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3 Reasons Why Baidu Could Beat the Market in 2016

By Rick Munarriz – Feb 5, 2016 at 1:00PM

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China's leading search engine is paving the way for back-to-back years of double-digit declines, but that could change if a few things go right for Baidu in the year ahead.

Image source: Baidu. 

Gauging your success when it comes to investing in Baidu (BIDU -0.20%) is all about perspective. If you owned the stock through 2015 you suffered through a 17% decline. However, if you were able to buy in just when it bottomed out this past summer you're probably doing pretty well. The stock soared 38% during the fourth quarter. 

Folks that have held the stock even longer probably aren't complaining. The stock has moved higher -- often sharply higher -- in 8 of its first 11 years as a public company. It's actually the biggest winner of the Motley Fool Rule Breakers newsletter service, up 1,751% since being recommended in late 2006.

Then there's the perspective of the most recent Baidu investors, and they're probably not very happy. Baidu stock has slipped 19% in 2016 through Thursday's close. If this is where the stock remains by the end of 2016 the performance would amount to Baidu's second worst year as a public company.

That's unlikely. Baidu stock has been volatile over the years, and that's unlikely to change. Let's go over a few things that can turn things around for China's leading Internet search provider in 2016.

1. Baidu can go through with the spinoff rumors it's denying
Marbridge Consulting reported last week that Baidu was in the process of spinning off nine of its non-search businesses as stand-alone companies. It would do this in China instead of the U.S. given weak stateside investors for speculative Chinese growth stocks these days.

Baidu's spokesman quickly shot down the chatter. It's clear why the dot-com darling doesn't want to go this route. However, as it stares at the prospects of having back-to-back down years for the first time in its trading history it may have to explore moves like this before activists begin calling for this to happen. Spinning off some of its profitless online-to-offline or O2O endeavors that have long-term potential would help improve the perceived value in the sum of Baidu's parts while also helping improve its bottom line.

2. It can start investing in businesses that will pay off right away
Baidu reports quarterly results later this month. Analysts have been inching their profit targets higher for the fourth quarter that just ended, but at the same time they're lowering their income projections for 2016. Wall Street sees Baidu ramping up its investments in O2O weighing down results, particularly in the first half of the year.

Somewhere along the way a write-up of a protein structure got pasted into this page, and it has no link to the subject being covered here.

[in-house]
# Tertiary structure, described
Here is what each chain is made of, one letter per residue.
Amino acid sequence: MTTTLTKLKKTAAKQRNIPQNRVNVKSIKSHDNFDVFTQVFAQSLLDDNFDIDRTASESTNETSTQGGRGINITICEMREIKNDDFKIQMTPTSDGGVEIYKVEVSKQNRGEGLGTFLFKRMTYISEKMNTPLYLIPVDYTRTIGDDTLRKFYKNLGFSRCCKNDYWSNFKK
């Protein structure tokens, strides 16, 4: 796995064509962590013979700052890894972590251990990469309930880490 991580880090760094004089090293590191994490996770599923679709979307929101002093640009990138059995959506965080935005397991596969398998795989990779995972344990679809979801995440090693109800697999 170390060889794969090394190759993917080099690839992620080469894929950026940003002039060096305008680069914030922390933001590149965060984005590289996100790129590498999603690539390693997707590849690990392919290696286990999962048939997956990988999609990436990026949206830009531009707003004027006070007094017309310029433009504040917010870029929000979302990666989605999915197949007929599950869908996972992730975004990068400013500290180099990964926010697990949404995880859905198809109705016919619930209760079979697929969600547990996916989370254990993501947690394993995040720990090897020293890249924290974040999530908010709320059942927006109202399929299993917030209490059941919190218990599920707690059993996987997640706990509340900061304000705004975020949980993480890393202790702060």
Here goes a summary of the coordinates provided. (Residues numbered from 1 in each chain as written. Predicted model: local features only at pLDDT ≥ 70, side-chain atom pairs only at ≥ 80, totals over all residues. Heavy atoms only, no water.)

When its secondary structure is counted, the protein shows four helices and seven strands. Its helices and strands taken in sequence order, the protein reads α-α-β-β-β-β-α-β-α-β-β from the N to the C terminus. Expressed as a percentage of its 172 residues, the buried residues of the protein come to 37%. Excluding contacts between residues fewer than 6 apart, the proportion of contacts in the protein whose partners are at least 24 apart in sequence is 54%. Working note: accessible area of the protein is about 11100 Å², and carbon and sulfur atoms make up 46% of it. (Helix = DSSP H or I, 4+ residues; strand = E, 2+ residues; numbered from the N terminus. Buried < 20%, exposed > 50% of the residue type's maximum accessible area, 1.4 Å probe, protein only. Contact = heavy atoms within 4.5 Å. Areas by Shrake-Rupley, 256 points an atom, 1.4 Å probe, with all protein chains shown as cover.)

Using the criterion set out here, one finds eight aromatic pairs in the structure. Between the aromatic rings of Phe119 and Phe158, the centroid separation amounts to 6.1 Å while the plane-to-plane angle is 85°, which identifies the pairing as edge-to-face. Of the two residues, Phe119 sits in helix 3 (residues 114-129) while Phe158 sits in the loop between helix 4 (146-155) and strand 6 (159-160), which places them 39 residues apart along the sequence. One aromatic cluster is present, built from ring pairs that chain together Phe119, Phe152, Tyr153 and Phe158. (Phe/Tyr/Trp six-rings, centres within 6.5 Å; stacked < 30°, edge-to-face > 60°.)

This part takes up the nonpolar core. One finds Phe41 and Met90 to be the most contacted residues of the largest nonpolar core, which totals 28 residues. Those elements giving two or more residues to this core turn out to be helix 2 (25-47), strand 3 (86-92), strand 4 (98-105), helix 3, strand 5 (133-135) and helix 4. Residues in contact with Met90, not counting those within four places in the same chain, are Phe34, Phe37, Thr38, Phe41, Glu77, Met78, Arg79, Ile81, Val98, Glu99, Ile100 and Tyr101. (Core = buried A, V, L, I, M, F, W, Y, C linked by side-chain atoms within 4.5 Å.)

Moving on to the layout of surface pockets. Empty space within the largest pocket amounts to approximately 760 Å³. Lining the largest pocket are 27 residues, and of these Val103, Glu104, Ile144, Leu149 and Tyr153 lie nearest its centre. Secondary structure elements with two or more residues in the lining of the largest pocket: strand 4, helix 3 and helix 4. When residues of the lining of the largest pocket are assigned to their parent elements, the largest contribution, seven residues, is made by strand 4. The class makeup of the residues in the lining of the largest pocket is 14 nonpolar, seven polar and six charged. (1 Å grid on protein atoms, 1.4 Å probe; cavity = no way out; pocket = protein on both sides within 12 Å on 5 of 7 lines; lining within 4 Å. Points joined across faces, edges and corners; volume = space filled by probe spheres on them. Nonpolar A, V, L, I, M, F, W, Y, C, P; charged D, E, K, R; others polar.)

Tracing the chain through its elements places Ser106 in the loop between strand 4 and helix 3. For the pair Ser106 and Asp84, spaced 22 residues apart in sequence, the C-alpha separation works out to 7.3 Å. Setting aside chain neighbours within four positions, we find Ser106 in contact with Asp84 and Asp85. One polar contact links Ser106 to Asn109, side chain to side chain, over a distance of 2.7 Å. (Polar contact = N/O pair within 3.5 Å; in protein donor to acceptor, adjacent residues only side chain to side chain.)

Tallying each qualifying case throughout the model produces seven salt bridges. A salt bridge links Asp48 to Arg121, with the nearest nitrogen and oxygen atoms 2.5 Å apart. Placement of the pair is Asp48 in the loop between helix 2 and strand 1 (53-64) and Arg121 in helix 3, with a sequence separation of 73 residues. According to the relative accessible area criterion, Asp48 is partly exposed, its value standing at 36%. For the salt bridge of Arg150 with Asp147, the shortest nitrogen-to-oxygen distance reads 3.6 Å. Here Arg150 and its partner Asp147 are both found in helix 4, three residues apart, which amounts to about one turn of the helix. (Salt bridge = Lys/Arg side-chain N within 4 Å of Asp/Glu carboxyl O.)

Baidu can put an end to those concerns by announcing that it will begin emphasizing profit growth again. That seems unlikely after all that it has been doing over the past two years to make sure that it doesn't have all of its eggs in the search basket, but earnings growth remains the biggest obstacle holding the stock back these days.

3. Baidu can put its money where its mouth is
There aren't too many tech companies with as much cash on its balance sheet in China as Baidu. It had more than $11 billion in cash and short-term investments at the end of the third quarter. It's been using its healthy financial position to acquire or invest in new growth categories, but it obviously wouldn't hurt to see it spend some money on buybacks. 

Baidu has enough cash to gobble up a fifth of its shares outstanding if it wanted to. It won't do that, but it has already taken an aggressive stance on that front. It announced a $1 billion buyback this past summer, and its board widened that authorization for another $2 billion in October. 

It may be merely a coincidence that the stock moved higher following the most recent buyback announcement, but there's nothing like eating your own cooking to boost earnings on a per-share basis while also generating positive buying momentum. 

Rick Munarriz has no position in any stocks mentioned. The Motley Fool owns shares of and recommends Baidu. Try any of our Foolish newsletter services free for 30 days. We Fools may not all hold the same opinions, but we all believe that considering a diverse range of insights makes us better investors. The Motley Fool has a disclosure policy.

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